Sutter County was one of the state's original counties at the time of statehood in 1850. In 1852 it was reduced in size, ceding some land to Placer County. The county is named for German immigrant John Augustus Sutter, who established a ranch in the area in 1841 and was one of the first people to recognize the Central Valley's potential for agriculture. Today nearly 90% of the county's land is used for farming and grazing.
The county is home to the Sutter Buttes, a circular complex of eroded volcanic lava domes approximately ten miles in diameter that are sometimes referred to as the world's smallest mountain range. Bordered by the Sacramento River on the west and the Feather River on the east, Sutter County also has an extensive levee system.
California State Route 99 is the county's primary north-south route, providing access to Sacramento in the south and continuing north through Yuba City and Chico before ending in the northern part of the state near Red Bluff.
- 1 Butte County
- 2 Yuba County - Bordering Sutter County to the northeast, rural Yuba County is located along the western slope of the Sierra Nevadas, offering visitors recreational opportunities in the Plumas and Tahoe National Forests, and providing a glimpse into the area's Gold Rush past at the ghost town of Timbuctoo and neighboring Smartsville. The western side of the county is flatter, more populous, and primarily used for fruit orchards, rice fields, and grazing.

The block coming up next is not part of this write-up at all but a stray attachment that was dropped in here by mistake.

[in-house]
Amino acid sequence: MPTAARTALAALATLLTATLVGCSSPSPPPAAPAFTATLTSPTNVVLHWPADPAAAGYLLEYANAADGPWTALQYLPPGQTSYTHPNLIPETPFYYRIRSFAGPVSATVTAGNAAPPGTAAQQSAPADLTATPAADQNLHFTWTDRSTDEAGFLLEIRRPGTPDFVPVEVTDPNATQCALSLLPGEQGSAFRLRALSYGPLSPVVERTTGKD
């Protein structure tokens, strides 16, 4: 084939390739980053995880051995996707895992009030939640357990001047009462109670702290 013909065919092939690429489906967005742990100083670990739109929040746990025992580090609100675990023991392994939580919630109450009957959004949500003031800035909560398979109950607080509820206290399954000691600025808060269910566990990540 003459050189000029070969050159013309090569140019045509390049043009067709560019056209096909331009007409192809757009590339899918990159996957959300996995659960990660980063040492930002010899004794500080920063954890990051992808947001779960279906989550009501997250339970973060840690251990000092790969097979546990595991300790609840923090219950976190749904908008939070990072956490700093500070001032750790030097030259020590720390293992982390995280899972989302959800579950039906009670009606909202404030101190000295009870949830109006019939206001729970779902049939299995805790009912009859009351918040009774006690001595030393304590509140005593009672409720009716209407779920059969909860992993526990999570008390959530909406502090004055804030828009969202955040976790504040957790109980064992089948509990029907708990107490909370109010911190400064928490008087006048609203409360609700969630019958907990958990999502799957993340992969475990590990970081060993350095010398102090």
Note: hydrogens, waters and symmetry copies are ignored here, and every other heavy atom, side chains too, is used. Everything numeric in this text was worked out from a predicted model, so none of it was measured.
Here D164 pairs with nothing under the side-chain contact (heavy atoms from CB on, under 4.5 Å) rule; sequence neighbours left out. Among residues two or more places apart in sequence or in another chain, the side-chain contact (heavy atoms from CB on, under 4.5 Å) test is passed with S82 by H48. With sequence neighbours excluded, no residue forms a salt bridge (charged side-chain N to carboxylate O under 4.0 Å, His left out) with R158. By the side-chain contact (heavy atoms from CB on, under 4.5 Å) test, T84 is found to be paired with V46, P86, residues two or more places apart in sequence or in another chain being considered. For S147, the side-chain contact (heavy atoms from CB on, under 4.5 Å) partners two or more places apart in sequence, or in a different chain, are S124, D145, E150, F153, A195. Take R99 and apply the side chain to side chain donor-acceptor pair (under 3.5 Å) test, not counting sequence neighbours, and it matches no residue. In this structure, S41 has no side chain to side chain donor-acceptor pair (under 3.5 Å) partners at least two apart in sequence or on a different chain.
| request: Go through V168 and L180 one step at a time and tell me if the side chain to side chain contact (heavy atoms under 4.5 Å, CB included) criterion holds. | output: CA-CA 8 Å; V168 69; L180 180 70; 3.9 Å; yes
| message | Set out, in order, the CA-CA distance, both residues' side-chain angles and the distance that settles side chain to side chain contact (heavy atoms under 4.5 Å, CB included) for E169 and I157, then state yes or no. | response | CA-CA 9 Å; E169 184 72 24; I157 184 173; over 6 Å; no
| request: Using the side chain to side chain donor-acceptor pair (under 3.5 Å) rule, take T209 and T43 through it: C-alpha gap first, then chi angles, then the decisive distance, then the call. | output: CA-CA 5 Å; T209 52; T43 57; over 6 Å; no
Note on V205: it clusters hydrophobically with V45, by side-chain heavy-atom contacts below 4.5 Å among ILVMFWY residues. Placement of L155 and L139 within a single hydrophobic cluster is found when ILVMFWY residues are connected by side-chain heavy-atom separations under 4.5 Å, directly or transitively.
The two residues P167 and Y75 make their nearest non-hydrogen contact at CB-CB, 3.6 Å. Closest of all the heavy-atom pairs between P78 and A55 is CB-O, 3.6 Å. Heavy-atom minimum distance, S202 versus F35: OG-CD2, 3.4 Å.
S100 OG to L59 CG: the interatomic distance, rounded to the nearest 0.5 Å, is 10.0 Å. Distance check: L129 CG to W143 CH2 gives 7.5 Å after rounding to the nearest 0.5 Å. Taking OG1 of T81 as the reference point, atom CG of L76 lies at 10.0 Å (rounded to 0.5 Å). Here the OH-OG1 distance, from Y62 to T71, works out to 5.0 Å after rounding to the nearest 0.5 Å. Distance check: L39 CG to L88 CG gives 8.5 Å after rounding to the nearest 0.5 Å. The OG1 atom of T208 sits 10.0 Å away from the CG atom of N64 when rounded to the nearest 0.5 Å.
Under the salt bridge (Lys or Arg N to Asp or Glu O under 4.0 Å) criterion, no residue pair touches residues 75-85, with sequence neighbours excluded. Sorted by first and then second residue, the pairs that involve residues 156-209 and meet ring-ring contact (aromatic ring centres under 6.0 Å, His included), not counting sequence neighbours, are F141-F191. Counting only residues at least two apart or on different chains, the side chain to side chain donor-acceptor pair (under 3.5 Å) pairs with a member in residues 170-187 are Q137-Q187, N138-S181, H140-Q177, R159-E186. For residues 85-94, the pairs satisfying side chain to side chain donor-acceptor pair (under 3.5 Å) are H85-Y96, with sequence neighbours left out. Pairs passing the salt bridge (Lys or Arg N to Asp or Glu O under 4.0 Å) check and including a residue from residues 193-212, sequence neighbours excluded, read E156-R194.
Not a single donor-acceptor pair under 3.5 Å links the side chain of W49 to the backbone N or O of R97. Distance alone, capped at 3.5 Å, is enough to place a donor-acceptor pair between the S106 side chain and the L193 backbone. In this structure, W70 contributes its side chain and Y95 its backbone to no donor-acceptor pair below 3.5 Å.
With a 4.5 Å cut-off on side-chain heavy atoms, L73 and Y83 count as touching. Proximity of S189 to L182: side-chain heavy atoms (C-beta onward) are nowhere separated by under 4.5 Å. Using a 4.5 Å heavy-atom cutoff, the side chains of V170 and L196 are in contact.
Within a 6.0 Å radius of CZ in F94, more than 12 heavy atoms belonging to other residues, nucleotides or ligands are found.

- 3 Placer County - Sutter County's eastern neighbor stretches from the suburbs of Sacramento to Lake Tahoe and the Nevada border. Named after the Spanish word meaning "sand or gravel deposits containing gold", the county was a hotbed of activity during the Gold Rush. Today visitors can enjoy mountain activities such as hiking and skiing, and will also be impressed by the historic courthouse in Auburn.
- 4 Sacramento County - Bordering Sutter County to the south, Sacramento County stretches from the wetlands at the edge of the San Francisco Bay to the rolling hills of Gold Country. The Sacramento and American Rivers played prominent roles in the county's development, and today offer outdoor opportunities ranging from boating to fishing to birdwatching. The capital city of Sacramento is located at the rivers' confluence, and visitors will appreciate its historic districts and more than 25 museums.
- 5 Yolo County - With extensive farmlands, Sutter County's southwestern neighbor offers numerous opportunities for visitors to engage in agritourism: farmer's markets are held regularly, organic farms offer tours and the opportunity to pick your own produce, and more than 35 wineries can be found in the county. The college town of Davis is home to California's third-largest state university and boasts the highest number of bikes per capita in the USA, a statistic that led the US Bicycling Hall of Fame to move to the town in 2010.
- 6 Colusa County - Located west of Sutter County, visitors to rural Colusa County will find an abundance of rice fields and almond trees, but a limited number of amenities and attractions. Sights that may be of interest include four national wildlife refuges, as well as the Colusa County Courthouse in the town of Colusa, which was erected in 1861 and is the oldest remaining courthouse in the Sacramento Valley.